The American Academy of Political and Social Science this week named Maria Cancian its 2018 John Kenneth Galbraith Fellow.
Cancian, a professor in the La Follette School of Public Affairs and the School of Social Work, as well as a faculty affiliate and former director of the Institute for Research on Poverty, is one of five scholars from across the country invited this year to join the AAPSS in recognition of their contributions to advancement of the social sciences.
A leading and influential scholar on the effects of child support programs on children and families, Cancian and her research have shaped national research agendas and discourse on child support policy, poverty policy and child welfare policy, and generated more than $50 million in grants to the University of Wisconsin-Madison.
“Maria’s contributions to scholarship are extraordinary in their groundbreaking contributions in the area of child support, family complexity, welfare policy and child welfare policy,” says La Follette School director Don Moynihan. “But she is not just a great scholar. Her research has had a profound effect on shaping child support, welfare and child welfare policies in the state and nation, and around the world. Few people on the UW-Madison campus — or any campus — can rival her extraordinary impact.”
After earning undergraduate degrees in political science and sociology, with honors, from Swarthmore College, and a master’s degree and Ph.D. in economics from the University of Michigan, Cancian joined the UW-Madison faculty in 1993. She has worked as the associate dean for social sciences and the associate dean for fiscal services at the College of Letters & Science.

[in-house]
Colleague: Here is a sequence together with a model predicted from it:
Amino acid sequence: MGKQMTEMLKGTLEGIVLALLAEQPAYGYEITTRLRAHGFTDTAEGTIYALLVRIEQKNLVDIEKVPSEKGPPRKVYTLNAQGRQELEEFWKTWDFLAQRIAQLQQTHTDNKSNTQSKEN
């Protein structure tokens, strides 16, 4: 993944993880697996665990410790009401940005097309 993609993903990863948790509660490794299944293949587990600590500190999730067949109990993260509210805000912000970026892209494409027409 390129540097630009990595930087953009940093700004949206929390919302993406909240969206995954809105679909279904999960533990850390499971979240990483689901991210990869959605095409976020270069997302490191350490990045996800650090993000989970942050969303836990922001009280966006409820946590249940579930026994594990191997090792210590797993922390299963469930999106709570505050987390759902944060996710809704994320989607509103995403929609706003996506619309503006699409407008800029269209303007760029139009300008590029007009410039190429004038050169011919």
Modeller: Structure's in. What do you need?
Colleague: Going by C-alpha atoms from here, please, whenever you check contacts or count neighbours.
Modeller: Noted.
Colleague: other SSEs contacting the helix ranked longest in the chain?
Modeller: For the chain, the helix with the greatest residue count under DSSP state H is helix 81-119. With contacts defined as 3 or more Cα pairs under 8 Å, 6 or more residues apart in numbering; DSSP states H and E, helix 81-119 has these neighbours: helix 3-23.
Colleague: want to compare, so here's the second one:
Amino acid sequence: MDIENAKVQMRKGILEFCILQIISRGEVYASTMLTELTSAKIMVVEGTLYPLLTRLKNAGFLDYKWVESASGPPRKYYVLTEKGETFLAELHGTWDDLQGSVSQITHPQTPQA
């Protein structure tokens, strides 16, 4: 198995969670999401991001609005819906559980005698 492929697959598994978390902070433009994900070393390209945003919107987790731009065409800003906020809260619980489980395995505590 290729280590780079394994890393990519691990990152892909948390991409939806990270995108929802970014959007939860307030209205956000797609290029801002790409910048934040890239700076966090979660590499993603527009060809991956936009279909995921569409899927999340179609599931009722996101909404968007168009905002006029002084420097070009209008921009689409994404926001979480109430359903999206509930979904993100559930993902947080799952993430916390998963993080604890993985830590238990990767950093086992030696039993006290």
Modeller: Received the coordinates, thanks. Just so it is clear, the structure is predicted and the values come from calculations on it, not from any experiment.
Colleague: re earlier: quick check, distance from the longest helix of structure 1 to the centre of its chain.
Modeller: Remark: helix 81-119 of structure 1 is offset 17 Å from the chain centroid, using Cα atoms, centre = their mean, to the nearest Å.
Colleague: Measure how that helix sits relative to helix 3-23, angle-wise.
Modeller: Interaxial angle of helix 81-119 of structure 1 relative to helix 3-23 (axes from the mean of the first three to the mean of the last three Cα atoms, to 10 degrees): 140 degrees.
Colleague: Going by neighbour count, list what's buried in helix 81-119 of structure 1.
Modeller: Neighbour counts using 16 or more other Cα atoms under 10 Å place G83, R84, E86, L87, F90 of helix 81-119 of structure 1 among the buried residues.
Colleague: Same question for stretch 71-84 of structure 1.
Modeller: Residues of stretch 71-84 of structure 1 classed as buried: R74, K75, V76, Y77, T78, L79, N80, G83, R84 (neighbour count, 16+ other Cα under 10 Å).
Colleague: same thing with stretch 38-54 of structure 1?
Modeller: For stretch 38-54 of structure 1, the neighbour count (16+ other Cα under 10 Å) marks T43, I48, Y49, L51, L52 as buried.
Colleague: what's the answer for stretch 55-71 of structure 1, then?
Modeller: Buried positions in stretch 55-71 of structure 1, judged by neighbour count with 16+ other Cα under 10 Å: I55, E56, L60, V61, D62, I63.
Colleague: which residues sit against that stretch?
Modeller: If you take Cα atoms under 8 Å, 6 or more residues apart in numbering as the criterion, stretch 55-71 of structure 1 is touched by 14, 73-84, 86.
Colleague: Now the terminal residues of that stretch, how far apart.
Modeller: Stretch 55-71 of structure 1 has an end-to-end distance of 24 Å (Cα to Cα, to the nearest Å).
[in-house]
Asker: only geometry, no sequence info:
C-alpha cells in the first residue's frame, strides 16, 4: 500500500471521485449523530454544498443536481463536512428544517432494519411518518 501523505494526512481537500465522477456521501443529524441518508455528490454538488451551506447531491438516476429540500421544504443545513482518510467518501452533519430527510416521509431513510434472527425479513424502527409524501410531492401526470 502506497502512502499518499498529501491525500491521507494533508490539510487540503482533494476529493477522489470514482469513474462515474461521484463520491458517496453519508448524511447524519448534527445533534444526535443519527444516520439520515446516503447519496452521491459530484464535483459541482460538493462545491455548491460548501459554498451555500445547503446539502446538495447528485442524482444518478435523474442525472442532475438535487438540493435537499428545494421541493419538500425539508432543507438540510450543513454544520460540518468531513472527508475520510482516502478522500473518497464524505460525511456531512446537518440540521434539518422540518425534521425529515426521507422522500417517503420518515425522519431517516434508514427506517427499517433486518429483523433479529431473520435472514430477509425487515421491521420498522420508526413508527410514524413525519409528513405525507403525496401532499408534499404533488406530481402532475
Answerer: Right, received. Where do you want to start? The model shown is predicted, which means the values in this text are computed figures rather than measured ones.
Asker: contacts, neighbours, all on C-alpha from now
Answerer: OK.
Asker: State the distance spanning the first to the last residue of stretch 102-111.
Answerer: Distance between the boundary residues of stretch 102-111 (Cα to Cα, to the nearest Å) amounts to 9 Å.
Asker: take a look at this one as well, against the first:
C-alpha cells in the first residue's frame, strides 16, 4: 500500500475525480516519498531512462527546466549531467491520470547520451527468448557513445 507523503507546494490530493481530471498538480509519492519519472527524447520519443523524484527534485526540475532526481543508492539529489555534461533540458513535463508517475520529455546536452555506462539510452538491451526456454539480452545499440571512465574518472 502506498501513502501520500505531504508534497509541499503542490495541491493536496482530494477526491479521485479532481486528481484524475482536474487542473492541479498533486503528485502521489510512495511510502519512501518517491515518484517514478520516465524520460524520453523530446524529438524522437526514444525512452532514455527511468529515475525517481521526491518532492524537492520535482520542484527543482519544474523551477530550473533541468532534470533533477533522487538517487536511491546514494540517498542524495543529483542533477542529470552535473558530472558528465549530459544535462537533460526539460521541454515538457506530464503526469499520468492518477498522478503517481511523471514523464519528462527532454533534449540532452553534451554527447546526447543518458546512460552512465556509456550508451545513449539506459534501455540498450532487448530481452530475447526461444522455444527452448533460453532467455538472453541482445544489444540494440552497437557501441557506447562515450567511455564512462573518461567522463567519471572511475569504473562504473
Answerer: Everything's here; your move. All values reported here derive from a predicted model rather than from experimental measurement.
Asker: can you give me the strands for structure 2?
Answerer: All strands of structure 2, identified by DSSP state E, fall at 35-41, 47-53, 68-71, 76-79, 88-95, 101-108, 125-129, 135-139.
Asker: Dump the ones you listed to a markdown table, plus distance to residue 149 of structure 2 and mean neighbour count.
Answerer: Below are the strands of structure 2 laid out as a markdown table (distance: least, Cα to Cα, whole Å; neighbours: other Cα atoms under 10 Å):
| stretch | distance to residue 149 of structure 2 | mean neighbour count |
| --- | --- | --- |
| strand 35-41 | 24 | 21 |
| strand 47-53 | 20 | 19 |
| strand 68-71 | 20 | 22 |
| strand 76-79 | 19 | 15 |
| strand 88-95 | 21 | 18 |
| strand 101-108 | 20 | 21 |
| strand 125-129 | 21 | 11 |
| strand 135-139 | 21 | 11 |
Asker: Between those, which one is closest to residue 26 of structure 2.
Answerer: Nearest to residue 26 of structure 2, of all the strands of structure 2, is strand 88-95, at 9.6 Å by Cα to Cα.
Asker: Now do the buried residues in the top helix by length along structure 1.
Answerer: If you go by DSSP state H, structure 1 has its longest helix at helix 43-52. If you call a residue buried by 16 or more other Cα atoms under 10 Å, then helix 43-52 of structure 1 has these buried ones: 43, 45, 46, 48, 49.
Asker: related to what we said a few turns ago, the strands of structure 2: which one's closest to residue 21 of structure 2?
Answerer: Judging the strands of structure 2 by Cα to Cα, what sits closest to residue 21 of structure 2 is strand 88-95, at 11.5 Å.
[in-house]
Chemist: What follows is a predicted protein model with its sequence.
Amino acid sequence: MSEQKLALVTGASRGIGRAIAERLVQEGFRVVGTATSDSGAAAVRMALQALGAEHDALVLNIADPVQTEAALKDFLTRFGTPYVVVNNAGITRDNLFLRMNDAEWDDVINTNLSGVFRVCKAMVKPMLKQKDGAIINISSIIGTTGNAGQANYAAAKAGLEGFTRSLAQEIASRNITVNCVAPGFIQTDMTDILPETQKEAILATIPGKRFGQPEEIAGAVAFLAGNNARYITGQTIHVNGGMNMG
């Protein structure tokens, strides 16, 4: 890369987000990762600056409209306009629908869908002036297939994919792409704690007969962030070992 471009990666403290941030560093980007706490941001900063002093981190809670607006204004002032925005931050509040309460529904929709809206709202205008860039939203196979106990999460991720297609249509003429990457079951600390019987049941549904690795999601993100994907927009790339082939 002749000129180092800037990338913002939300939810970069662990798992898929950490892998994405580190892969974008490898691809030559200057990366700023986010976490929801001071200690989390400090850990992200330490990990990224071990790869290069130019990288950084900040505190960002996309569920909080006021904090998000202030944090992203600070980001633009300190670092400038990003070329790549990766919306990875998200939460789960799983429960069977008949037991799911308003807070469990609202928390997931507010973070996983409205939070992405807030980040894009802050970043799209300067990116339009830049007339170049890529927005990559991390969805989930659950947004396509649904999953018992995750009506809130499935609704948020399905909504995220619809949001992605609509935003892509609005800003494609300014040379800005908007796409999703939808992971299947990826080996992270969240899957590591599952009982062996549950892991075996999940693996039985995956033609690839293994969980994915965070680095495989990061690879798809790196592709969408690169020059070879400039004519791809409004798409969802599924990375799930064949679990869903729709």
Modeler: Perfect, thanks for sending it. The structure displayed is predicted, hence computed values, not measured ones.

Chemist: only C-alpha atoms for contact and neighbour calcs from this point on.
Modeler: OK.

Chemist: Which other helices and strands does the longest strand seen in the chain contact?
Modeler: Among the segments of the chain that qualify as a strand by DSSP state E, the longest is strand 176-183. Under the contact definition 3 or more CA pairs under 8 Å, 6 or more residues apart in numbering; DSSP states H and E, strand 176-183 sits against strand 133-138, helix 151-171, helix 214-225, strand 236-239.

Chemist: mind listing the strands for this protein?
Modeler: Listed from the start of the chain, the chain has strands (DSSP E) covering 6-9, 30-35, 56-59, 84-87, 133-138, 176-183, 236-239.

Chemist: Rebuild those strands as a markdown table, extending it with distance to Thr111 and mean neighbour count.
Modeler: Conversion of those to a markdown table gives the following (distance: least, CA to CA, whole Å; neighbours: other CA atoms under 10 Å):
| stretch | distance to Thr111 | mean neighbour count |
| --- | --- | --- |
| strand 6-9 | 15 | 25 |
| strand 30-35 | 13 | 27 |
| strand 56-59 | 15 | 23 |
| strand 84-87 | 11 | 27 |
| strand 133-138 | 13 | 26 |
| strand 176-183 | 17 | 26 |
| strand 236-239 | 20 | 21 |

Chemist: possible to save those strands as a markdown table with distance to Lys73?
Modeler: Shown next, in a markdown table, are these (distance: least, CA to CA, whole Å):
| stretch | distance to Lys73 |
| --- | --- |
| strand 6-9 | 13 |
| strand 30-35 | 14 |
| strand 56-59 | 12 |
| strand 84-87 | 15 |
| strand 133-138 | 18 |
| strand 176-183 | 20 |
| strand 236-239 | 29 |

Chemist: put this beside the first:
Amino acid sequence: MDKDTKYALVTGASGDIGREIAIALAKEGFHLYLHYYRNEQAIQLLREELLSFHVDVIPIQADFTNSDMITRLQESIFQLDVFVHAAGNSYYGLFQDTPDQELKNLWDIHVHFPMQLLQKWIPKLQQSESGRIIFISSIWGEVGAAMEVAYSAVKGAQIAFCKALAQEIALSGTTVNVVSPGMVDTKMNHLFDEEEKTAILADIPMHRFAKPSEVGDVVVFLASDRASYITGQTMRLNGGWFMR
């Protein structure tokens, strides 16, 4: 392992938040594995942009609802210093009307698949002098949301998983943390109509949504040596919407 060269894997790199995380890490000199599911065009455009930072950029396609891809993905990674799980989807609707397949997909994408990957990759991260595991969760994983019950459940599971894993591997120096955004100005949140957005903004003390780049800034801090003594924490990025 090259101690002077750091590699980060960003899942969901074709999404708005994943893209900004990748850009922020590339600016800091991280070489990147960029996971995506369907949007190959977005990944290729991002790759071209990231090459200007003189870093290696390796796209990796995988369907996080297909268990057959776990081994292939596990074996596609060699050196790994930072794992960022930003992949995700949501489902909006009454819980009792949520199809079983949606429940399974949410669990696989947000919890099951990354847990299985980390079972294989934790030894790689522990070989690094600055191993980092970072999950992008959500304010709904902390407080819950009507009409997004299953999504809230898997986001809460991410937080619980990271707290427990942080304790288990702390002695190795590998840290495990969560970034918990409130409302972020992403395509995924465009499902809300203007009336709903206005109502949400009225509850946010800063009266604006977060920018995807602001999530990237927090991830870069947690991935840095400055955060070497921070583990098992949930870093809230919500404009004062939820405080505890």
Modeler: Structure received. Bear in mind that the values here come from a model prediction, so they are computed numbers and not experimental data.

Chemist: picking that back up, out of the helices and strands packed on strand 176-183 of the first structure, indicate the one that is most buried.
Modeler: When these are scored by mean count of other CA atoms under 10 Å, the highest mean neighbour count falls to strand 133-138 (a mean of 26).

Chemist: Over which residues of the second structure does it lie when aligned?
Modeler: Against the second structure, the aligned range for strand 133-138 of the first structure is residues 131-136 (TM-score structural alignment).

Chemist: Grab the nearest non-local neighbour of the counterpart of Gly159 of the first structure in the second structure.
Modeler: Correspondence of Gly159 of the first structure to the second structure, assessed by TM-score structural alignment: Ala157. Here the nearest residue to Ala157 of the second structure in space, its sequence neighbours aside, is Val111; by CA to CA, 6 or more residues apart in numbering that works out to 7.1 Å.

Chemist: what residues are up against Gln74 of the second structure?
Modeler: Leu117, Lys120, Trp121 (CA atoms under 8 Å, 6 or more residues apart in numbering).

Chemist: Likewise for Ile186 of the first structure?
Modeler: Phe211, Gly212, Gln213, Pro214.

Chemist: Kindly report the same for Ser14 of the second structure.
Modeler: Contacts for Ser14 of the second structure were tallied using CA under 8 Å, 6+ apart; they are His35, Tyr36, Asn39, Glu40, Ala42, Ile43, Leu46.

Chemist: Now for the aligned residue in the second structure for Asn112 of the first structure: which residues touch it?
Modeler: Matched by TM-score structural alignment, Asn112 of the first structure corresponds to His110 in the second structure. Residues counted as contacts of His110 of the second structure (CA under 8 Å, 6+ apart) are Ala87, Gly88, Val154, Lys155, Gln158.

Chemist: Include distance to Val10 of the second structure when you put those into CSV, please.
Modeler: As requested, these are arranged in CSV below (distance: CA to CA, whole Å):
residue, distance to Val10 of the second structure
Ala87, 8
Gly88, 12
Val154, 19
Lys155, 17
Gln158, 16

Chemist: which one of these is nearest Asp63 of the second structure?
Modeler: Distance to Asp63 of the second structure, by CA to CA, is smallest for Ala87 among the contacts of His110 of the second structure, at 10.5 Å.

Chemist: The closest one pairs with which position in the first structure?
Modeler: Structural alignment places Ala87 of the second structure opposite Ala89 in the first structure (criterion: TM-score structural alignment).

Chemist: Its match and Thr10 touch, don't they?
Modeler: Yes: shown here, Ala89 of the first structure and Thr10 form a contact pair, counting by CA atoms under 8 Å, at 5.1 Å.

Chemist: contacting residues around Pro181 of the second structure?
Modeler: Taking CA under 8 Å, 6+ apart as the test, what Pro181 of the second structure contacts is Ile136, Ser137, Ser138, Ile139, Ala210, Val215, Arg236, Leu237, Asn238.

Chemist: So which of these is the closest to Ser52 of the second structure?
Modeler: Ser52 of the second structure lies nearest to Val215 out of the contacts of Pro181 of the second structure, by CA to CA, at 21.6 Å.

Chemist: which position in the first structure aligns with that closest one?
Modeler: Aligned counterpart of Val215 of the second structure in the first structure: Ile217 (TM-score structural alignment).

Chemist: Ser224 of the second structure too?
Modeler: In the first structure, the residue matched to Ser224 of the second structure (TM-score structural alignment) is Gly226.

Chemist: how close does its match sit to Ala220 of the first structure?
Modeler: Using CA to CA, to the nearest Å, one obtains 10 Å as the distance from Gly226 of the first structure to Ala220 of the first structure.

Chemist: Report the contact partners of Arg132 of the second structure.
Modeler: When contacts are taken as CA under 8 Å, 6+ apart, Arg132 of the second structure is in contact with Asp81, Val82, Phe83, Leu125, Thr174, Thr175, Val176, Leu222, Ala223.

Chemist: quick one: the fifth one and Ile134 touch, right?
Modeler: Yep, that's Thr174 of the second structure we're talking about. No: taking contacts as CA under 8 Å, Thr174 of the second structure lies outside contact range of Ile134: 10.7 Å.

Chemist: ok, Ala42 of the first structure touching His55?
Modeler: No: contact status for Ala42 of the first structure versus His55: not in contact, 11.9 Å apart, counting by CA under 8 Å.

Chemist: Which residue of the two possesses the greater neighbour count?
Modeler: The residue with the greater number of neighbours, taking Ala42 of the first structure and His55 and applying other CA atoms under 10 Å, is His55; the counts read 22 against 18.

Cancian served in the Obama administration as Senior Advisor to the Secretary of Health and Human Services and then Deputy Assistant Secretary for Policy in the Administration for Children and Families in Health and Human Services before returning to the university in 2016.
“I am very lucky to have spent my academic career at the UW-Madison, and to have benefited from UW colleagues and institutions that support the Wisconsin Idea and the value of engaged scholarship on public policy issues,” Cancian says. “At a time when the critical work of our public institutions is at risk of being fundamentally disrupted by dysfunctional partisan politics, social science, and consideration of evidence-based policy, may help us find a more productive path.”
Cancian joins a prestigious group of Badgers who have been recognized by the AAPS. Last year, the academy named La Follette professor Tim Smeeding its Galbraith Fellow, an honor held by former Institute for Research on Poverty director Sheldon Danziger in 2010. UW-Madison Chancellor Becky Blank was selected as the Eleanor Roosevelt Fellow in 2010.
Another of this year’s inductees is Jane Waldfogel, a professor of social work at Columbia University and an affiliate with the UW-Madison Institute for Research on Poverty, who was named the 2018 Margaret Mead Fellow.
The AAPSS is one of the country’s oldest and most esteemed learned societies. Among its more than 100 fellows are Nobel Prize winners, scientists, historians, scholars and practitioners in education, government and public policy.